(I'm a 'never-in', so your final question as phrased isn't one I'm able to answer.)

JB

You're right, I don't want to derail the thread with politics or gender politics either. I was of course referring to everyone not just males, soldiers and nurses and and breakfast cooks can all be male or female or any mixture of the two, I tend to use guys in a genderless way.
 

The_Fixer

Class Clown
My opinion is not worth two cents, admittedly, but I have read enough to worry me about Hubbard's Purif and this new scheme seems like yet another case of putting human volunteers at unnecessary and unjustifed risk.

I believe from what I have read that, far from being justified in terms of probable benefit, that the Purification Rundown (or any similar program involving oil, niacin and overexposure in a very hot sauna) is dangerous to people in normal health and very dangerous to people with health issues. One Chicago dentist is not a whole data bank but her liver damage was serious enough to make her ineligible for medical insurance (interviewed by Mark Bunker several years ago). And then of course there was the mysterious death of Conrad Agner in Germany; total and rapid system collapse can follow repeated episodes of hyperthermia.

Is there any published data from the program set up in NY City after 9/11 by Tom Cruise which everyone believed would help affected firemen? I have read that several hundred firemen died after (if not as a certain consequence of) their involvement with Ground Zero. Were those who died already Purified or was the program set up after the most exposed had died? Scientology is capable of working that one out.

And HOW MUCH are local Scilons being paid for perpetrating this scam?

If I know the scilon mindset, these saps will by paying their own way with a considerable profit margin involved.
 

Bill

Gold Meritorious Patron
The study takes place at a Narconon facility… They can and will fake the data.
... From my experience with doing work in private companies funded by the government, the amount of logging, tracking, documentation is extreme. It is highly doubtful that Narconon could get away with faking data. If they tried, the repercussions would be pretty severe.

I could be wrong, but I don't think so. A government-funded study of Hubbard's "detox" will uncover the fraud.
 

Udarnik

Gold Meritorious Patron
... From my experience with doing work in private companies funded by the government, the amount of logging, tracking, documentation is extreme. It is highly doubtful that Narconon could get away with faking data. If they tried, the repercussions would be pretty severe.

I could be wrong, but I don't think so. A government-funded study of Hubbard's "detox" will uncover the fraud.

The DoD paperwork only goes so far. The DoD inspectors do not regularly conduct audits of the individual medical records, and in the past this is the level at which fraud has occurred. Usually this is detected by comparing center against center, but this trial is being conducted at a single center, which is another reason I'm concerned.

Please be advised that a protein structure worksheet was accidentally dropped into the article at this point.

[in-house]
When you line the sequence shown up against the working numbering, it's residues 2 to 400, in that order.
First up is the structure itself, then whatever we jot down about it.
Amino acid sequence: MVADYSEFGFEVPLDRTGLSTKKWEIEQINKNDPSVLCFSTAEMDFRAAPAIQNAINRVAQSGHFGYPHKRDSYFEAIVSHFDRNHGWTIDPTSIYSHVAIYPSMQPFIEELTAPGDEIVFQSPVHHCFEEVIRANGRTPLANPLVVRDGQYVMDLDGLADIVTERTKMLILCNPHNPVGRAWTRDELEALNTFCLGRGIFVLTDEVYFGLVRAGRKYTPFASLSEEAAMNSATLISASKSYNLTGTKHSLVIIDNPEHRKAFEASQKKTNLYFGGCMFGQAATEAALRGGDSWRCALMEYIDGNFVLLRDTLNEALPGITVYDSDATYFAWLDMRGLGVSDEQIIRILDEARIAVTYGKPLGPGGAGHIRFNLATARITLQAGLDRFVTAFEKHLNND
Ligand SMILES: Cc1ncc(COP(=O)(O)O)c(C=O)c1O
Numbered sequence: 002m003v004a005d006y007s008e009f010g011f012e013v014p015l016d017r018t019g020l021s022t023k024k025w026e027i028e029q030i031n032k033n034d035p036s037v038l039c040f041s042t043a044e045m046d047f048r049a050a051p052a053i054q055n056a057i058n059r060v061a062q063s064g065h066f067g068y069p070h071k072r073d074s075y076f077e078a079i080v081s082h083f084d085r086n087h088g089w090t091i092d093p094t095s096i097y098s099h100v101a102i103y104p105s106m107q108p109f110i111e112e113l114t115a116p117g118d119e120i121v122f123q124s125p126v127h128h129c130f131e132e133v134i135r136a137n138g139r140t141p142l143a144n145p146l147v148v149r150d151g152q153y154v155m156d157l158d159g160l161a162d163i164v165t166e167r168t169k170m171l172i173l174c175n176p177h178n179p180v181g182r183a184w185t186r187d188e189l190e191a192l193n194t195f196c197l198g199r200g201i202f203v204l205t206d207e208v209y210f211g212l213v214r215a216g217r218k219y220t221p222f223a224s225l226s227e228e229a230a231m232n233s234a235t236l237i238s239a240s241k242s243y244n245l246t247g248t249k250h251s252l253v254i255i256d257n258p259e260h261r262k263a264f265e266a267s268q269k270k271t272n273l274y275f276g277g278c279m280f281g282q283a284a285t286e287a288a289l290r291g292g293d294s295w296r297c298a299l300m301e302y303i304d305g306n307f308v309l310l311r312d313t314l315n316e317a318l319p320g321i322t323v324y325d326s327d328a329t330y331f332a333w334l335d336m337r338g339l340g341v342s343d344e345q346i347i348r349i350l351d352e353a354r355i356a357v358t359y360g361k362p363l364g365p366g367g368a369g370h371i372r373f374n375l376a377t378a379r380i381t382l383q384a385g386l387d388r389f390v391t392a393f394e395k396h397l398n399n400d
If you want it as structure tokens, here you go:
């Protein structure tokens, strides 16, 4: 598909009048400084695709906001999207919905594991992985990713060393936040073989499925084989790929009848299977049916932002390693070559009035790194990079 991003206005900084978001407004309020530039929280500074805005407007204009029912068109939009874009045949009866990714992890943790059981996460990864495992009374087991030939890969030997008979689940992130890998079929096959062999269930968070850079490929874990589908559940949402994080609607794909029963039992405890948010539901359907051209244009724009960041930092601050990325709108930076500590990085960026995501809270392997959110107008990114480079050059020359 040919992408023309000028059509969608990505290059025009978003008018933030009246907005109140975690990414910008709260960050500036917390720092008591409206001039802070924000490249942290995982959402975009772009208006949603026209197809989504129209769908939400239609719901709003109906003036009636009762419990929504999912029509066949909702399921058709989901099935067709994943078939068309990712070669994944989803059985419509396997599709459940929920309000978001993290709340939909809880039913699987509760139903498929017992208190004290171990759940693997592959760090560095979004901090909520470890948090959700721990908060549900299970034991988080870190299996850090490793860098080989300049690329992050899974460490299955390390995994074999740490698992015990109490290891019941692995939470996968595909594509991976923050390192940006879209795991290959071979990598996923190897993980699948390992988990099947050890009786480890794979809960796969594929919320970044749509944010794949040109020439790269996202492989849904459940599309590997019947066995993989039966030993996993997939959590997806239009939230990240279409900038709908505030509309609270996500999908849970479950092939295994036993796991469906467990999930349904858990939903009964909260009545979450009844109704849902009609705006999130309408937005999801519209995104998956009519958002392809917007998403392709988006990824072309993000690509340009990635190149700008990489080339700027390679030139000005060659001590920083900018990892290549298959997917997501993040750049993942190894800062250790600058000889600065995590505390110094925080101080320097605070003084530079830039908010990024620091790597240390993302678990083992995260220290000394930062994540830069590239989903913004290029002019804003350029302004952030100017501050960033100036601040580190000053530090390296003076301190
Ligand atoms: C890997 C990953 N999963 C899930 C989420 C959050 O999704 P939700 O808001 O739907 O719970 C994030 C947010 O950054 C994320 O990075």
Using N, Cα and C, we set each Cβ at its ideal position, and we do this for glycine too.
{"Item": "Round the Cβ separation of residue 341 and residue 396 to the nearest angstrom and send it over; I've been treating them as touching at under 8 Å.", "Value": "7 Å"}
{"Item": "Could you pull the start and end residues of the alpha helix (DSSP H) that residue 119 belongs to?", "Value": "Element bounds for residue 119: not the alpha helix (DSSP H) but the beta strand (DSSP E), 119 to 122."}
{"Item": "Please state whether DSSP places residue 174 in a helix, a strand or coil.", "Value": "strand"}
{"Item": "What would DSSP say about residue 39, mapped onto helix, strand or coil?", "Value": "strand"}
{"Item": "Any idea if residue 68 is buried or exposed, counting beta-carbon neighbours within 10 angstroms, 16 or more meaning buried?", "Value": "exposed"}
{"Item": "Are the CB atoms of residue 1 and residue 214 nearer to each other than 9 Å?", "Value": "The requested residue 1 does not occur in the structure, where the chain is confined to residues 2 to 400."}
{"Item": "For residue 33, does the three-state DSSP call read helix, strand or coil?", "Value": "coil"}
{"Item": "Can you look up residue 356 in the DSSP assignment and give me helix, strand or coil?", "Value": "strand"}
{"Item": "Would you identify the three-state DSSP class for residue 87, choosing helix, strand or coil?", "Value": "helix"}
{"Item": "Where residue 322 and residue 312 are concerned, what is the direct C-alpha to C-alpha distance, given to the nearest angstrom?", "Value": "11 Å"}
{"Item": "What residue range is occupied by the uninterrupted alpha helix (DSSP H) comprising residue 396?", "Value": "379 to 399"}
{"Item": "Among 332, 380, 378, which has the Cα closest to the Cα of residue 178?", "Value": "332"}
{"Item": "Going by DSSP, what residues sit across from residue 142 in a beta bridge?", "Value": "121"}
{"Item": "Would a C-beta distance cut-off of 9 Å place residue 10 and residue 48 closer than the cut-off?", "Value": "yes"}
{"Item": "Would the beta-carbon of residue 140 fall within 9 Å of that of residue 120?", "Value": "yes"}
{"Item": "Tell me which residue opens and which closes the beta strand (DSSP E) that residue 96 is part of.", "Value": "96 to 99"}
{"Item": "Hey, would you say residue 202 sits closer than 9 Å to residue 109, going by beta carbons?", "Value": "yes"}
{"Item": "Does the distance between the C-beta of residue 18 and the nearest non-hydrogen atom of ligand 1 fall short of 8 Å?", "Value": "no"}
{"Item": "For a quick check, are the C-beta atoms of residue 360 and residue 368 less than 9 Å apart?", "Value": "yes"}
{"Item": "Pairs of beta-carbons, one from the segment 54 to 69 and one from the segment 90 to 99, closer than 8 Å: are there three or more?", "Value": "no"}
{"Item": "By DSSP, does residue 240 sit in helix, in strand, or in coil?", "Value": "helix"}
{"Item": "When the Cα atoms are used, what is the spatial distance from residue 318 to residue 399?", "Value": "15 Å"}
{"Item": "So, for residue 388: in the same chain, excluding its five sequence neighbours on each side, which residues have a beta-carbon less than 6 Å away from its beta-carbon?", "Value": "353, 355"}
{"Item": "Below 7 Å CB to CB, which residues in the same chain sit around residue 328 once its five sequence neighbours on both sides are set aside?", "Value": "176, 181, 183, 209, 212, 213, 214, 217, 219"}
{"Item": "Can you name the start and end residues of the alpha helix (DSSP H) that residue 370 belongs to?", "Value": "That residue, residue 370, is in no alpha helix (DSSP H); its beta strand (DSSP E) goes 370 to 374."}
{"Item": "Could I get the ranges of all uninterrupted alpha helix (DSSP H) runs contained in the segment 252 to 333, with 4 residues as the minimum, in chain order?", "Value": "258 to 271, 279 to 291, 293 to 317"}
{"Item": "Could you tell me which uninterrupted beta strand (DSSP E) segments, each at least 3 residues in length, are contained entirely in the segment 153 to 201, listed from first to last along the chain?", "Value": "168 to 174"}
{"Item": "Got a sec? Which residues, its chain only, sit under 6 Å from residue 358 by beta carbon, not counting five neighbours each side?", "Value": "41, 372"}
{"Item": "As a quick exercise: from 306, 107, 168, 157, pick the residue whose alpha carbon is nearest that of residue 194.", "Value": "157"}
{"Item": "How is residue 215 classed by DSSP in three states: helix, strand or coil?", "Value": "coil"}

Mick Wenlock

Admin Emeritus (retired)
This article contains the background information of how a Scientology front group, FASE, was involved in the Manhattan 9/11 TC detox program and approached one of the doctors who is now running the trial.

http://articles.philly.com/2007-10-07/news/25233591_1_dirty-work-scientology-detox


In the 1980s, Bruce Roe, a professor of biochemistry at the University of Oklahoma, was asked to examine the rationale behind Narconon, a Scientology-linked drug-rehabilitation program that employs a similar detox protocol. After studying a stack of published material, Roe called the method "pure unadulterated cow pies."


It's "a scam," he said, based on "half-truths and pseudo-science" and "as medically valid as using copper bracelets to cure arthritis."


Keith Miller, president of FASE, the Los Angeles nonprofit that supports the Manhattan clinic, says his organization has long sought a partnership with other institutions to produce "an independent, university-based research study" of the detox program.


Indeed, one of the experts FASE approached is David Carpenter, a research physician whose professional focus is the effect of environmental contamination on human health.


After FASE contacted him, he twice applied for grants from the National Institutes of Health to evaluate the detox regimen, but was turned down both times. He is committed to trying again.


A professor of environmental health and toxicology, Carpenter is director of the Institute for Health and the Environment at the State University of New York at Albany.


"I'm convinced the program has beneficial effects," he says. "The question from my perspective is: Are they mainly psychological, or is it really ridding the body of nasty chemicals?"

I have often wondered why institutions that are approached by the likes of Narconon for funding do not just direct them to the CofS? The CofS, with its IAS reserves could easily fund a full four or five year study under the auspices of the relevant IRB's - what an opportunity for Scientologists - imagine the world getting to know that the flabby con man was, in fact, brlliant and his 'detoxification" is the bees knees.

Scientologists always seem so reluctant in things like this - I wonder why?